WASHINGTON (AP) _ Congress should give regional banking a chance to work before considering plans to allow unrestricted interstate banking, the chairman of Bank of New England Corp. testified Wednesday.

''There is nothing to be gained, and much that could be lost, in considering interstate banking legislation without the benefits of the coming regional experience,'' Walter J. Connolly Jr. told the Senate Banking Committee.

The Supreme Court ruled last week that states have the right to set up regional banking systems, allowing banks from neighboring states to do business within their boundaries, while restricting other banks' access.

The case upheld laws in Massachusetts and Connecticut that allowed regional mergers while prohibiting the entry of banks from outside the six New England states, including the big New York banks.

On Friday, Bank of New England Corp., based in Massachusetts, merged with CBT Corp., the parent of the Connecticut Bank and Trust Co., to become the first regional bank under the New England experiment.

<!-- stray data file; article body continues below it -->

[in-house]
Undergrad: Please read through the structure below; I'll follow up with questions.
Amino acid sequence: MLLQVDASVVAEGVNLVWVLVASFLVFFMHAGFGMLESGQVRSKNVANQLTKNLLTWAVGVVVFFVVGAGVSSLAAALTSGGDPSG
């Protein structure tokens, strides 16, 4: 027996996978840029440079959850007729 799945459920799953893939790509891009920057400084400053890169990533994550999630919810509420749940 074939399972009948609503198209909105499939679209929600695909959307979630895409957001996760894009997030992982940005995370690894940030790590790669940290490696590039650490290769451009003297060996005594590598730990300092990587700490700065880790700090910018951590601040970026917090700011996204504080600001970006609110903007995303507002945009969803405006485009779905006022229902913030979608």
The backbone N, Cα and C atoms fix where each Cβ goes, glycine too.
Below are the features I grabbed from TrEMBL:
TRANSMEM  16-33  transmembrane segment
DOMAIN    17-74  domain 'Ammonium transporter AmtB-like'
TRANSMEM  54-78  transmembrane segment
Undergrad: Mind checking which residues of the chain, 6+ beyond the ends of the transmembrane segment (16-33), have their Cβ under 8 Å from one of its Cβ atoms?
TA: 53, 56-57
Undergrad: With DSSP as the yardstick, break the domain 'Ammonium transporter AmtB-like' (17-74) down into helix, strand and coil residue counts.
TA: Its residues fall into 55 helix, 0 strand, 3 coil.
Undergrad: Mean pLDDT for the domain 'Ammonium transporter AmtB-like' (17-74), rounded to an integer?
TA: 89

''The merger of Bank of New England Corp. and CBT creates a strong regional banking team with assets on the order of $14 billion,'' Connolly said. ''That may sound impressive until you consider that is only a small fraction of the resources of any one of our nation's largest banks.''

For example, New York's Citicorp, biggest bank holding company in the world, has assets of more than $150 billion.

Connolly said unrestricted interstate banking could result in a concentration of banking assets in small geographic areas, a dramatic change in the way banking has worked in the United States.

''Geographic restrictions have been largely responsible for the local orientation of the American banking system,'' he said.

Connolly said that local orientation allows decisions, such as whether to grant a loan, to be ''made on the basis of personal knowledge and not merely on a review of financial statements at bank headquarters in distant cities.''

Testifying before the Banking Committee last week, Treasury Secretary James Baker endorsed a move toward full interstate banking, a move that would take a new federal law to authorize it.

Connolly said that move may be a good idea in time.

But, he said, ''let's remember that the experiment, delayed by a two-year legal struggle, has just begun. In New England, in fact, the experiment began only two days ago. I suggest that we wait for the results.''